Archive for July, 2015

Two Books, Briefly

July 24, 2015

[Lesley] As I’m catching up on reviewing some of the things that I’ve liked recently, I want to include two brief reviews for books that you’ve probably never heard of: Off Course, by Michelle Huneven and The Kept, by James Scott. We don’t have either in the library’s print collection but Off Course is available on Hoopla and her other book, Blame, is available on audio from OverDrive. The Kept is available on audio and ebook formats from OverDrive — that’s how I listened to it.

Off Course is another book about a small community of locals and summer visitors and also has a daughter returning to the place as a refuge while she figures out what to do next in her life. The relationships in this book are the focus and they are complicated. I picked this book up because of its cover (gasp!) and it delivered. One of the things I liked best was the honest way the book ended which felt just right for the story.

The Kept is sort of a western (though it takes place in NY State), sort of a mystery, sort of historical, and sort of a thriller. It’s hard to get western-style stories right, and I don’t know that I’ve ever read one that was as successful in tone and in its other aspects at the same time. Describing the story won’t do it justice – the circumstances are so far-fetched or unheard of – but the tone, the setting, and the writing pull you in from the beginning. As various things unfold and get revealed the tangle is deliciously ominous. I listened to this on audio and the reader was very good. If you aren’t into downloading books, we could definitely get it through interlibrary loan as well.

Etta and Otto and Russell and James, by Emma Hooper

July 24, 2015

[Lesley] I loved this book. It’s a short, quirky novel in which we get to know 3 people and a coyote through their memories, letters, and the actions they take in the present. Mostly set in a small Saskatchewan village (and the land surrounding), these are quiet lives from the outside but hold unexpected worlds within. Etta seems to be losing her memory and decides she must set off to walk to the water, leaving her husband Otto at home with neighbor and long-time friend Russell to wonder what to do while she is gone and when (or even if) she will be back. Otto and Russell each discover a new way of living and Etta becomes a reluctant celebrity and symbol of something – independence? toughness? triumph over age? But, she also develops a relationship with a coyote who travels with her, helping to keep her safe and alive.  The flashbacks to Otto’s childhood on his family’s farm, Russell’s semi-adoption by that family, and both of them meeting Etta when she arrives to be the teacher at the one-room schoolhouse shortly before most of the town’s young men go off to war (Otto does, Russell doesn’t), are some of the most compelling and beautiful parts of the book.

Available on Hoopla and Libby/Overdrive.

Etta and Otto and Russell and James - Audiobook

The Arsonist by Sue Miller

July 24, 2015

[Lesley] This is the first book I’ve read by Sue Miller even though she’s been on my radar for a long time. I listened to this as a downloaded audiobook (from the library’s OverDrive collection – and it was read by the author. I loved hearing Miller’s take on each of the characters in the way her voice changed for each person. The story itself is interesting with many subplots. The story is set in a small town in New Hampshire made up of year-round locals and a regular summer home population. That in itself is two worlds dependent on each other but also somewhat at odds. Frankie, the oldest daughter of a summer family has come back to the house where her parents now live after retiring. She has worked her whole career for a NGO that worked on hunger in Africa. Now, she is unsure whether she will return to that life and is seeking refuge and time to think and reassess. Her parents have retired, it turns out, in part because of Alfie’s progressing memory loss. Sylvia, whose family owned the summer home for generations, hasn’t told anyone about Alfie’s condition yet but is trying to adjust to their new lives and her new role. Bud, a former Washington D.C. journalist and political insider, owns and runs the local weekly newspaper. He has chosen this quiet town as a place to settle down and make a difference in a different way. He straddles being a year-round local (owns a house, runs the newspaper, is involved in one way or another in everything that goes on) and being an outsider (as a newcomer and an observer). All of these individual stories and stories of how people relate to each other are set against the backdrop of a series of arsons happening in town.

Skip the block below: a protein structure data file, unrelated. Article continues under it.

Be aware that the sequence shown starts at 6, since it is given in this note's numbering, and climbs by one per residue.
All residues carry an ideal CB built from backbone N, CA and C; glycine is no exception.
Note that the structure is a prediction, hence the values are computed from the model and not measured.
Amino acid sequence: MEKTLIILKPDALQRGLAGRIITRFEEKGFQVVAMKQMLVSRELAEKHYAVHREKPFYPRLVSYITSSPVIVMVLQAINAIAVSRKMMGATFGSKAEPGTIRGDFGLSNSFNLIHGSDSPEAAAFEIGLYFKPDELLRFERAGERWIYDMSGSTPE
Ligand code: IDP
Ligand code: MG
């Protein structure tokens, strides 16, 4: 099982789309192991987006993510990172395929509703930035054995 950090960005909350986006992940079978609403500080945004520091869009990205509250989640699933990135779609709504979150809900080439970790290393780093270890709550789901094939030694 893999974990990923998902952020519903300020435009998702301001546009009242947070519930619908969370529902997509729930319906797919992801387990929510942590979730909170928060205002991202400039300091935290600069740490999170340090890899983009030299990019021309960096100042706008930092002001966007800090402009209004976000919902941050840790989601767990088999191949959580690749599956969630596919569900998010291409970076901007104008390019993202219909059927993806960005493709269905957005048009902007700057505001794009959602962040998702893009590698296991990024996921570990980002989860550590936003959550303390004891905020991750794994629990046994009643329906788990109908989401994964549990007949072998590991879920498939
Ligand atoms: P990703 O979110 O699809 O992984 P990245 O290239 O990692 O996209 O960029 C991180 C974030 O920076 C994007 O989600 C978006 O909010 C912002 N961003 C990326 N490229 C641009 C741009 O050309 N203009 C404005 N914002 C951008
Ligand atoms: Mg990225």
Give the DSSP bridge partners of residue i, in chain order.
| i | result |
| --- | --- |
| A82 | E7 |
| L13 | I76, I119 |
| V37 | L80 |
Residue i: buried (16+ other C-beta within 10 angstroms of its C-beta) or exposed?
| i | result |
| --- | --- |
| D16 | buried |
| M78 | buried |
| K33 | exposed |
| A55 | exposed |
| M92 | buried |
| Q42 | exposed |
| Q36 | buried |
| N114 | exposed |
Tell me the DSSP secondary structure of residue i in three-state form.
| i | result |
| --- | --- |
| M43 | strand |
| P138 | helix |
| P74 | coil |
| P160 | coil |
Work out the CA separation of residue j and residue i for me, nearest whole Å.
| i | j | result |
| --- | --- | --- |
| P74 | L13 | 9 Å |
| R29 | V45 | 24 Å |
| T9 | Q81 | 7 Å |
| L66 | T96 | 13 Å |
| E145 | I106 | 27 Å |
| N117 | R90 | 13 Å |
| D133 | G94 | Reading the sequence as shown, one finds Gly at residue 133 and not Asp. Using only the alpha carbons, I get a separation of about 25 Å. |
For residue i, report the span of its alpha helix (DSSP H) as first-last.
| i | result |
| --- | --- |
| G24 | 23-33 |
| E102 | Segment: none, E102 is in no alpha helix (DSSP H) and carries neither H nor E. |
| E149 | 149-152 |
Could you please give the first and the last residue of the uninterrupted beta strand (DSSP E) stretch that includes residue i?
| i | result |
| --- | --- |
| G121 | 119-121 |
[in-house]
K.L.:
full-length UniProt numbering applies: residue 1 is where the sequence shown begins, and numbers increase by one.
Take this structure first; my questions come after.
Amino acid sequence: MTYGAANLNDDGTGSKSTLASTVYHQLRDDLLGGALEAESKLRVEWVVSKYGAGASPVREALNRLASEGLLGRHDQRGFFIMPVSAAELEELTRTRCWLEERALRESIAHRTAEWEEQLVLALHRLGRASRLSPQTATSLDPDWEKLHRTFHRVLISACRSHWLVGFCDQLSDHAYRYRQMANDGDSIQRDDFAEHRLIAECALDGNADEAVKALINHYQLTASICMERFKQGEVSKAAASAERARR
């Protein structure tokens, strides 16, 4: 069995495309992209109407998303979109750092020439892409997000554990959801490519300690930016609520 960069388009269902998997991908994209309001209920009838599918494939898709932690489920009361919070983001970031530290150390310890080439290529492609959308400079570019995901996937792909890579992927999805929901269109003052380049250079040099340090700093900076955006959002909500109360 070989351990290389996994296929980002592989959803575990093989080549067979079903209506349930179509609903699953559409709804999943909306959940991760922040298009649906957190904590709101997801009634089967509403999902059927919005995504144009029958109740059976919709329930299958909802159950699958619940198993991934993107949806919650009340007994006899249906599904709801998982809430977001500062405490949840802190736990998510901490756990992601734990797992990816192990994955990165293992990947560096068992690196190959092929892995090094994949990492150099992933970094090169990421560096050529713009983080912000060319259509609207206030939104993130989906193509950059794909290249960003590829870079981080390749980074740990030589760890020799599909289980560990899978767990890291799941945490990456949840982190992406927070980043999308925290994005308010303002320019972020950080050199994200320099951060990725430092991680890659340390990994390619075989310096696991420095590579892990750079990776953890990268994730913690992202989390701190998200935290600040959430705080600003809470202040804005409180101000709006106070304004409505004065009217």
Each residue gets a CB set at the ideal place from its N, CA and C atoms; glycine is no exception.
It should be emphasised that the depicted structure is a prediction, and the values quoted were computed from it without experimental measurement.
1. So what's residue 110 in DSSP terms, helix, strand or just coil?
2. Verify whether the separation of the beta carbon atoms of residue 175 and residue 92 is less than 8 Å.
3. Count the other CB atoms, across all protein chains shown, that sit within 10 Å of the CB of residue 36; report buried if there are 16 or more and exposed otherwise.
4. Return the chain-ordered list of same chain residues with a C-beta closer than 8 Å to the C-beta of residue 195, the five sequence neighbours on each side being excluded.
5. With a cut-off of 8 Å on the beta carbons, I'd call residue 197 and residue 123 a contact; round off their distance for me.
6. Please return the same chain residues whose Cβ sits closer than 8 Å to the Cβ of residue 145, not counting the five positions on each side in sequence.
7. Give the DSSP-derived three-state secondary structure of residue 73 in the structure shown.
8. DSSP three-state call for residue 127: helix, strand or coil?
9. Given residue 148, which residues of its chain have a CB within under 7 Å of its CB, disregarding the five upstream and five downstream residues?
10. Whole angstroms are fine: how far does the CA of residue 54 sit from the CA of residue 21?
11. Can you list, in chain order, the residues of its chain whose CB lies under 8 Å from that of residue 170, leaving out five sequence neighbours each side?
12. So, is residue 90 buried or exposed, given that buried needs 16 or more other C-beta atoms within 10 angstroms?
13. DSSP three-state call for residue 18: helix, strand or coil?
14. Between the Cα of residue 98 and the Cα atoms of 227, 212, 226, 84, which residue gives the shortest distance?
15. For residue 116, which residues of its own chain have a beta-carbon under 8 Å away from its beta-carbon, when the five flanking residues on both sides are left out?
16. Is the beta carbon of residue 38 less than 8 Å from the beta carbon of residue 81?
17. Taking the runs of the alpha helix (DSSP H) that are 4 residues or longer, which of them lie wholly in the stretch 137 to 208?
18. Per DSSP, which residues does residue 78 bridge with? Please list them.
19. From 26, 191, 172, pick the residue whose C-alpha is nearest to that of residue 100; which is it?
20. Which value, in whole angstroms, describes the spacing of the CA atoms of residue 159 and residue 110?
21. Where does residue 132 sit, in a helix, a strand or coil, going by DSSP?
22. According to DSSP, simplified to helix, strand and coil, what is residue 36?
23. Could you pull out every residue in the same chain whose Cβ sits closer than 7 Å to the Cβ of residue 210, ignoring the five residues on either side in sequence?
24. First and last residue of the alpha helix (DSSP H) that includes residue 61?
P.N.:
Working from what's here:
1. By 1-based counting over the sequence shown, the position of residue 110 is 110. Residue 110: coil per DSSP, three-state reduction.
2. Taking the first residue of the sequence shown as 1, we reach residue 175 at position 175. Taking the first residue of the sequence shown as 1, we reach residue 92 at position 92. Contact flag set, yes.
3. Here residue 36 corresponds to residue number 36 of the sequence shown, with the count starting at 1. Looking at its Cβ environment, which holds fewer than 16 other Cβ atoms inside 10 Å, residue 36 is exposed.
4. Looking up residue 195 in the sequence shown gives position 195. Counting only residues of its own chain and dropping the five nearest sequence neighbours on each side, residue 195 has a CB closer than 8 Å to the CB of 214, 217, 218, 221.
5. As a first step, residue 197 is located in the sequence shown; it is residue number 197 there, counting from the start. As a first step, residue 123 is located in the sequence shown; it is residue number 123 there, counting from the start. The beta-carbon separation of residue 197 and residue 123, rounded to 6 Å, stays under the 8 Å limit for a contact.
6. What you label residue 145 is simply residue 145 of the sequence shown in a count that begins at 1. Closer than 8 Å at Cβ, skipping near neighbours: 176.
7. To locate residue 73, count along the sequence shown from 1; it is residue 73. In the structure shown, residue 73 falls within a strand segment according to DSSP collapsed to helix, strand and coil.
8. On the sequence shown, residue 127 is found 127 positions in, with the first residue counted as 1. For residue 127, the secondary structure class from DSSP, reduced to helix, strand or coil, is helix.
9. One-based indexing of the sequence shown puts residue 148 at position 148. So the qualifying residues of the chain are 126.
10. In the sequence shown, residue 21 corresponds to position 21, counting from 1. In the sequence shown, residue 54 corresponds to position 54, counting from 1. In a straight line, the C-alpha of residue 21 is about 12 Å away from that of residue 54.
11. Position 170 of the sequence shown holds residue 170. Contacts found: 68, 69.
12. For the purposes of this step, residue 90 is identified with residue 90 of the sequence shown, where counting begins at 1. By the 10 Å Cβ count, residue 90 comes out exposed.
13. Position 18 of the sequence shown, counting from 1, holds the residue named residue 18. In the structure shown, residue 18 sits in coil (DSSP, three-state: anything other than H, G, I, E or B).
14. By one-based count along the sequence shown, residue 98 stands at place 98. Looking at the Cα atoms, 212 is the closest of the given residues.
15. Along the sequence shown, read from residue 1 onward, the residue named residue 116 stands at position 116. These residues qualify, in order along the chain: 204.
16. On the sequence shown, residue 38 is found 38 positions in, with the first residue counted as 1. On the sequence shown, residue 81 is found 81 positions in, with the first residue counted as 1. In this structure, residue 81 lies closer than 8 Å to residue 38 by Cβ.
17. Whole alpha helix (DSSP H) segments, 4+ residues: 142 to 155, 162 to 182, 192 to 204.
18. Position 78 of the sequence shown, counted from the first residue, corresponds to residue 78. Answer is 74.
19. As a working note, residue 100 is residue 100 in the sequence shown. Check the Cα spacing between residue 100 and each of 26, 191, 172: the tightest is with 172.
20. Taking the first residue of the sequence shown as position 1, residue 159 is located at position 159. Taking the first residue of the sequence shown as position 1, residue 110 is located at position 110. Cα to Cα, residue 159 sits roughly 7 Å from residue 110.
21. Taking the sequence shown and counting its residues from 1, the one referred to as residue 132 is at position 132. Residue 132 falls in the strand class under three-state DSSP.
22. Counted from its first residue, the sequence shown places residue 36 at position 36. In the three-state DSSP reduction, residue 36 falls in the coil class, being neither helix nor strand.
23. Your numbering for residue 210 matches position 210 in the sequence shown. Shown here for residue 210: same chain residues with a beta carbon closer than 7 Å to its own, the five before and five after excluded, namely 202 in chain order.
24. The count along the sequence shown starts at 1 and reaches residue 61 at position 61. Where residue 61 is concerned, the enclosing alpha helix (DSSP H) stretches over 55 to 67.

I was invested in the characters and cared about the life of this small town, like so many in NH. The arson and mystery surrounding it adds a tension that keeps the story suspenseful. There is a lot at stake in this book — family relationships, love, identity, memory, community, pride, independence, and property that is valuable in monetary and personal ways. Miller handles all of it deftly in her well-written and narrative prose. The ending isn’t at all neatly sewn up even though some things are resolved. It all feels very true to real life and I will definitely be reading more of this author’s books.

Title details for The Arsonist by Sue Miller - Available